The most valuable email you’ll read for yourself and your kids in a few MOMENTS per week.
I posted some more Shorts on YouTube. I hope you have a Merry Christmas. It’s a great time to be grateful for your family and friends. I’ll see you in 2024!
One of the best money lessons I’ve learned (from making money mistakes) is to sleep on large purchases. If something costs more than $500, don’t buy it the same day you first consider buying it. Always sleep on it. Here’s an example: DirectBuy is a membership club that sells “wholesale” products. When you go to their presentation, they tell you your decision to join (or not join) must be made that day… before you leave. Of course, you didn’t plan to sign up for a $3,000+ club when you left the house, so don’t. It’s a sham anyway; DirectBuy is the timeshare of retail.
As we move into 2024, why don’t we all commit to watching less news? It’s designed to strike emotions in us (99% of the time on the negative side). That being said, if you still want to get the news without watching a biased TV network (and they’re all biased), consider All Sides. It’s a website (and optional newsletter) that shows you what the left and the right are saying about the current topics. It’s a good way to balance the info you intake so you can make your own decision.
You can commit to making 2024 your best year ever. I recently shared the Jim Rohn conference, Your Best Year Ever, in a previous MOMENTS. That seminar can help reframe your mindset. While you’re at it, why not reduce your stuff? I wrote an article about how we declutter 5,000 things a year. It’s a challenge that makes it fun. Try it in 2024.
To continue the theme of making 2024 a year of less, check out Joshua Becker’s book, The More of Less. It’s a quick read about reducing the unimportant things in our lives. It makes for some great motivation as we go into the new year.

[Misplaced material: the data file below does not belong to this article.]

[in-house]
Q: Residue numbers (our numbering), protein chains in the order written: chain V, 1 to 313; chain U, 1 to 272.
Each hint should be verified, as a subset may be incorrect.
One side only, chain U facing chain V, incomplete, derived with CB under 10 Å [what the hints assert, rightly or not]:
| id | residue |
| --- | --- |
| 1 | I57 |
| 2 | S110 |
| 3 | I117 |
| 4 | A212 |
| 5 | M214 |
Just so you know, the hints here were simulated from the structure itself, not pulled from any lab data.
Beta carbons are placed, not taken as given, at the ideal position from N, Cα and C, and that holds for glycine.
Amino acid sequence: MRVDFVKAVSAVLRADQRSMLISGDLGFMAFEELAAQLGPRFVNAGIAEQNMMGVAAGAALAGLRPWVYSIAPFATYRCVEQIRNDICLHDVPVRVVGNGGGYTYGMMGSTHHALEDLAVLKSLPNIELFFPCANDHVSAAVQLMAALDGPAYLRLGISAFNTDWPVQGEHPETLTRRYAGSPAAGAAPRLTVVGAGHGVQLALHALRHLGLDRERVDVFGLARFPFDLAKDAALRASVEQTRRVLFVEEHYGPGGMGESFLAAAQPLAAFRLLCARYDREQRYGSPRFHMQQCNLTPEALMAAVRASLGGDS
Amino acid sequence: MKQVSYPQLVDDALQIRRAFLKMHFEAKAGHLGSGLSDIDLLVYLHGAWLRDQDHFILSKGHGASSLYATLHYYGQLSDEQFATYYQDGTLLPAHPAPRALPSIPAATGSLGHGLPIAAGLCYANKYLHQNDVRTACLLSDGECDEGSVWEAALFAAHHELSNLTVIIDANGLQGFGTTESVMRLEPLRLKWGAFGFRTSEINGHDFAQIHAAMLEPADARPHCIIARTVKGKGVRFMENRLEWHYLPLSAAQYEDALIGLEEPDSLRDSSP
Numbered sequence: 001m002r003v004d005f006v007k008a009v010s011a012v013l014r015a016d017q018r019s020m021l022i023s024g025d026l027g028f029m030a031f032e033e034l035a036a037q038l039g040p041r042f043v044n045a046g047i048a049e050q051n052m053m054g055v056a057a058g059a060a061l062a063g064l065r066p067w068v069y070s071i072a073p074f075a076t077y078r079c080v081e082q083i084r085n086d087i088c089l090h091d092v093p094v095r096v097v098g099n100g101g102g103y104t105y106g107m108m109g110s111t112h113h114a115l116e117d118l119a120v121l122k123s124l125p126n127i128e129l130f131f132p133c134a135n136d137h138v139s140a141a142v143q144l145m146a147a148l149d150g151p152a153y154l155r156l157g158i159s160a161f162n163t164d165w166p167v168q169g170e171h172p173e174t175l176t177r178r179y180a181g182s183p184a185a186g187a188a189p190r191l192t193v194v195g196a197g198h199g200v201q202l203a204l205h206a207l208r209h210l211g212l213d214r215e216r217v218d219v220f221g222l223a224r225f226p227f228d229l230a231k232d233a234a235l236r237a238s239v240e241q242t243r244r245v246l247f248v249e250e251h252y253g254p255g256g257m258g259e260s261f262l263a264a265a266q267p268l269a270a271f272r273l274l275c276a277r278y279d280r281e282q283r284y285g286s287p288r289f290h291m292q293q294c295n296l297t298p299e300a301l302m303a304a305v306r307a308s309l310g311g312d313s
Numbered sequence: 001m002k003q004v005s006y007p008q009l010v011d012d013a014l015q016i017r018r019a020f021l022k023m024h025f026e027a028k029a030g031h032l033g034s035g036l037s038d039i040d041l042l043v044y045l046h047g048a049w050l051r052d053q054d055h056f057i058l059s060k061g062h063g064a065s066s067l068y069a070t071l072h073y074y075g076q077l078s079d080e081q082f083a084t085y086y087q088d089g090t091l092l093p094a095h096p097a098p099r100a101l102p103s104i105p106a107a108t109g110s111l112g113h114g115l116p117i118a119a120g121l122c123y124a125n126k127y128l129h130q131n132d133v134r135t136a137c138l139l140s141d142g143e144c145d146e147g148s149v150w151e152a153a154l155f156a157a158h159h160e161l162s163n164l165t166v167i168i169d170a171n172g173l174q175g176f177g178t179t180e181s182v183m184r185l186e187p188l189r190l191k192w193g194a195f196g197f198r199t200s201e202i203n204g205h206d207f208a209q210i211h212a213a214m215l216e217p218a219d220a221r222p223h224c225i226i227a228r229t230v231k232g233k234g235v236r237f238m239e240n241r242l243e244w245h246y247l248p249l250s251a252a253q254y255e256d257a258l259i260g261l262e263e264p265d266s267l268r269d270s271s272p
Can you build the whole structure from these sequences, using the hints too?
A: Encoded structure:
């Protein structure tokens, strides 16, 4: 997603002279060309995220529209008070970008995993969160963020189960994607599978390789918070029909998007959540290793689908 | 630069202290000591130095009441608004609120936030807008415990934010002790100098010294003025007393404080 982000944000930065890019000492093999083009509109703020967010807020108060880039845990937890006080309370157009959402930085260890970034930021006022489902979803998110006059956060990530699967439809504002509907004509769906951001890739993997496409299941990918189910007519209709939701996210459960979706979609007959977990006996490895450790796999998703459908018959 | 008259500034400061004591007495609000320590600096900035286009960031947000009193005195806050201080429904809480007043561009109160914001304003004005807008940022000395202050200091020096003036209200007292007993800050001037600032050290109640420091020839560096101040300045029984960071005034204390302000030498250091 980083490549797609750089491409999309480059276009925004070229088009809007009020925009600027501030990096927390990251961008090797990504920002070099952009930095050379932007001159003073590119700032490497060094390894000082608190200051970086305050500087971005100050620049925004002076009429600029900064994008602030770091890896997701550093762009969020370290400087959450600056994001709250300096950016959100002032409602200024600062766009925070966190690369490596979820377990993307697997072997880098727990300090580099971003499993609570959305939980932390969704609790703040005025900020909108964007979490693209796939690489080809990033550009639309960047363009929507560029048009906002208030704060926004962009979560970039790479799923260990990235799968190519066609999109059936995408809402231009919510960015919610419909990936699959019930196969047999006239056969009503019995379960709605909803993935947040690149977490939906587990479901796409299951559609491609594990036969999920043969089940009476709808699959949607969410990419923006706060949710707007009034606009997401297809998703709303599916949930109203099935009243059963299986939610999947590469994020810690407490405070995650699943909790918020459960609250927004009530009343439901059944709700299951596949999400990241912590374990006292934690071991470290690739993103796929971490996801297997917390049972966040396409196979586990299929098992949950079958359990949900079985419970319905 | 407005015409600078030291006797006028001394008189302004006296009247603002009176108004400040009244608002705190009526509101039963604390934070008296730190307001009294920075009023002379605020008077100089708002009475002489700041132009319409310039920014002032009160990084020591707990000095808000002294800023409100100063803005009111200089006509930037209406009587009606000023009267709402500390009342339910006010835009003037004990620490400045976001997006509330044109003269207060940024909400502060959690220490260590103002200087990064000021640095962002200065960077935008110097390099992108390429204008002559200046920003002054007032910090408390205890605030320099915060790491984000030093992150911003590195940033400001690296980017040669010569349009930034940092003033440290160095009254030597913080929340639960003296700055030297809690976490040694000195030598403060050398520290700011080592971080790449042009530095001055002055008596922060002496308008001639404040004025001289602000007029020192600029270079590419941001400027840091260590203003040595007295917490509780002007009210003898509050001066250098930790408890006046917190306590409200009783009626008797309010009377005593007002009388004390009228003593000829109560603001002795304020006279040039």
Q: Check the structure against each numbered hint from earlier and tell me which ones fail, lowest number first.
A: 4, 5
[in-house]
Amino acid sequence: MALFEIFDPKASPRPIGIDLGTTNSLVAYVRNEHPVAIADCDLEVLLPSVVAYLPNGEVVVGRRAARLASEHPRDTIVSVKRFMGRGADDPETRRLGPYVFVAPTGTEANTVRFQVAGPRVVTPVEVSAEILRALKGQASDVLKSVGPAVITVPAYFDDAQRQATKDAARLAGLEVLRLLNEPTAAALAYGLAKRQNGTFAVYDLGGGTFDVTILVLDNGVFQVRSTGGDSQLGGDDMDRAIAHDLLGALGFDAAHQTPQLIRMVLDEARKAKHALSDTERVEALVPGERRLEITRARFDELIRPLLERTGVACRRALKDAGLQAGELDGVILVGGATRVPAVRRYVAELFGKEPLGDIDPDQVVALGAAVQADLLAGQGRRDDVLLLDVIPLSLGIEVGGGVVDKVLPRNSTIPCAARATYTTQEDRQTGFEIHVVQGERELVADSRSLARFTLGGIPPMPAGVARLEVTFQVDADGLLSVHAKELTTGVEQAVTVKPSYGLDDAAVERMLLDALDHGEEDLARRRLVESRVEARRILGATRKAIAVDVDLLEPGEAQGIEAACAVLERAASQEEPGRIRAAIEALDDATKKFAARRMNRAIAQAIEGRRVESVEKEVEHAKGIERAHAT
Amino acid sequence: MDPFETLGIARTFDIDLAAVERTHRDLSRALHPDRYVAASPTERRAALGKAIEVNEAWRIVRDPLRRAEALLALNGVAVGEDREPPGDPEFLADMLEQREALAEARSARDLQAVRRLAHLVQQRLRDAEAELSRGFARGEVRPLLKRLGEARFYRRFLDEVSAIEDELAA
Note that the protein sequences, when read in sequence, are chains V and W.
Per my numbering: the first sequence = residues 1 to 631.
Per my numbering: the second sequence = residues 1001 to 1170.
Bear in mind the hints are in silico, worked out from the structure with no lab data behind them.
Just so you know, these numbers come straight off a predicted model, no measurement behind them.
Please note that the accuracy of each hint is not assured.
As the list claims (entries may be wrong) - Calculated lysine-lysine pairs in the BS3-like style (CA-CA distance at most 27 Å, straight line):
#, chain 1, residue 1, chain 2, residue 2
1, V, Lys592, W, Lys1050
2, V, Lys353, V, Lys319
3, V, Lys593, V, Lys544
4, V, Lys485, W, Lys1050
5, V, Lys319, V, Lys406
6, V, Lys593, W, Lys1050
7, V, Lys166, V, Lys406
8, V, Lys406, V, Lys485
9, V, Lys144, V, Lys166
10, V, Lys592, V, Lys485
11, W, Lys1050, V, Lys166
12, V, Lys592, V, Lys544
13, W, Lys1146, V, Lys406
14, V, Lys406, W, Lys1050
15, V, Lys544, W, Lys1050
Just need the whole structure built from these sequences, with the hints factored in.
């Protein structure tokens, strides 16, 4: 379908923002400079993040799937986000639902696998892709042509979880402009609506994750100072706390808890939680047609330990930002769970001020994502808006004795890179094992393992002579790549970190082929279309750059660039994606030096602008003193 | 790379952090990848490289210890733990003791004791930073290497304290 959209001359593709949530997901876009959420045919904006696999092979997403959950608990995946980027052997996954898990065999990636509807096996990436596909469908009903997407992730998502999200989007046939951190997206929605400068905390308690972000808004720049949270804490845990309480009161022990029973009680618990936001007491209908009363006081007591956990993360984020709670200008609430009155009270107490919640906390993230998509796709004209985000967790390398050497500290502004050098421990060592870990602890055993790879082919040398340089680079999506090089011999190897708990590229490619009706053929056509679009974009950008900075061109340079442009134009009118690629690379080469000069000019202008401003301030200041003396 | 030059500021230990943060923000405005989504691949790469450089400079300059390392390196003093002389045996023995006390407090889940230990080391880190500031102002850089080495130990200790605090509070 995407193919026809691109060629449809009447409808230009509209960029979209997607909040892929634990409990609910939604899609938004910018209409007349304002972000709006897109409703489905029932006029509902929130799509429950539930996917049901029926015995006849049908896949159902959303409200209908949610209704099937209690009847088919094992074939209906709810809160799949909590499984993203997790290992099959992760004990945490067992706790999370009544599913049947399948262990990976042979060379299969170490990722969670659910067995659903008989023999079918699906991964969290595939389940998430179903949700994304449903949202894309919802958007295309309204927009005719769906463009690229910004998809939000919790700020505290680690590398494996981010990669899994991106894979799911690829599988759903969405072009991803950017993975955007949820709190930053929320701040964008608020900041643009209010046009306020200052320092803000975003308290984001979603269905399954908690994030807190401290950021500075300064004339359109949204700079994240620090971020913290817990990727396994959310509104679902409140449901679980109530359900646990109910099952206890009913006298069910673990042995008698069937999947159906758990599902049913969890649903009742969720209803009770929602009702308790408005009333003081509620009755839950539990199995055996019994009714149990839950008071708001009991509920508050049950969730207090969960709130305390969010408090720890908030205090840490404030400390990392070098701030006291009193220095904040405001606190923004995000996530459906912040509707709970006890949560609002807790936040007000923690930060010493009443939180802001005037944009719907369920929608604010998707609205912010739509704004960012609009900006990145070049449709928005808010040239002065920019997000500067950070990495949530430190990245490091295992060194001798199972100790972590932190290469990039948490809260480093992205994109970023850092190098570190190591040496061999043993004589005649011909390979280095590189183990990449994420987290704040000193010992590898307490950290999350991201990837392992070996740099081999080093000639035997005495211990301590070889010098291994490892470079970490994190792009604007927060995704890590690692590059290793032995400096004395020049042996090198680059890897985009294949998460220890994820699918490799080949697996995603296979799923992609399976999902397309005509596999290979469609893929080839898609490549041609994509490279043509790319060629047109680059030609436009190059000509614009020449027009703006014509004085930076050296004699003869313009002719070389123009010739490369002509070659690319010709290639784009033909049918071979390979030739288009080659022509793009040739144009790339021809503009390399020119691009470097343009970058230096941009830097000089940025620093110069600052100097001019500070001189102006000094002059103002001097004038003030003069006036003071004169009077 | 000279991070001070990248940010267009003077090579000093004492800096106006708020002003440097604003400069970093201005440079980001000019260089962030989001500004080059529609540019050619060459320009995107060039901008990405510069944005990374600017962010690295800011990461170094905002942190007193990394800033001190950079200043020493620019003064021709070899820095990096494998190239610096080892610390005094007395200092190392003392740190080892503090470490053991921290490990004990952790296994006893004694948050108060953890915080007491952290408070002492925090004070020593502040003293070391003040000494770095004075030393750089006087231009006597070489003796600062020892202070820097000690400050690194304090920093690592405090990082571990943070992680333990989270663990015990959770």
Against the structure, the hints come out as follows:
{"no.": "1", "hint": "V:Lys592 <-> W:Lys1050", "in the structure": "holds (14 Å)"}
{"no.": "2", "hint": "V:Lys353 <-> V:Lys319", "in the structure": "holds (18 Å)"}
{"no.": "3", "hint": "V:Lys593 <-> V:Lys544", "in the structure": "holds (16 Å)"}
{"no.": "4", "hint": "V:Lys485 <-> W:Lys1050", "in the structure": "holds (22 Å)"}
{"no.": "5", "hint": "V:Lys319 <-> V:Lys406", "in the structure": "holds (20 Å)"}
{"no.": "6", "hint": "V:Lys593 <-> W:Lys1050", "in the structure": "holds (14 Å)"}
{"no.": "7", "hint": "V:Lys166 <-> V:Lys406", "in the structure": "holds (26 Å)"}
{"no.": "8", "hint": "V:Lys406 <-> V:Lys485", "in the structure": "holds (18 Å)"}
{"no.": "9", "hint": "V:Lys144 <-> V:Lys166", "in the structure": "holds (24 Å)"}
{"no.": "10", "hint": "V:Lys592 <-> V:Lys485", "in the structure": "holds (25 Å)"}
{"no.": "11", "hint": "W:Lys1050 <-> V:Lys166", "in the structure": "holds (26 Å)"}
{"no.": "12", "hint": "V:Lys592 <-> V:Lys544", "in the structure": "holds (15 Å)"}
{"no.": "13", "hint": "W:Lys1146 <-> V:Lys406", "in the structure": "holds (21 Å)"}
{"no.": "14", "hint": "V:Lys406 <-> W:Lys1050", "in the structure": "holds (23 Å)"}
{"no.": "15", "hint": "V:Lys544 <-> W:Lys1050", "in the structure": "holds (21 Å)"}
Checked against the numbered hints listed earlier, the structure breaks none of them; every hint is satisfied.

Here’s something we should all talk to our kids about, though it often gets overlooked: their future spouse. Help your kids envision the qualities they want in a spouse. They need to have an idea before they fall into a relationship with the first person who gives them attention. Some things shouldn’t be negotiable, while other things are left somewhat open. The important thing is that they know what they’re looking for. You don’t have to tell them what type of person to look for, just start the conversation.
We love to visit markets when we go to other countries. I used to haggle for a lower price, especially in smaller countries where markets are a huge deal (think Eastern Europe). That is, until one day when I realized that this market is often their livelihood. I would love to get a $10 item for $7 and walk away feeling like I got a great deal, but in reality, $3 wasn’t a big deal to me and it likely was a big deal to them. I’m not suggesting you never negotiate, but in places like this, especially in less fortunate countries, consider your reason for haggling. Is it because you really can’t afford those few extra dollars or are you just doing it for the game, when it hurts the vendor more than it helps you? Just a thought.
“Therefore, if anyone is in Christ, he is a new creation. The old has passed away; behold, the new has come.”
2 Corinthians 5:17
What is your favorite way to spend the day? Are you working toward having more of those days in your life based on the choices you’re making today?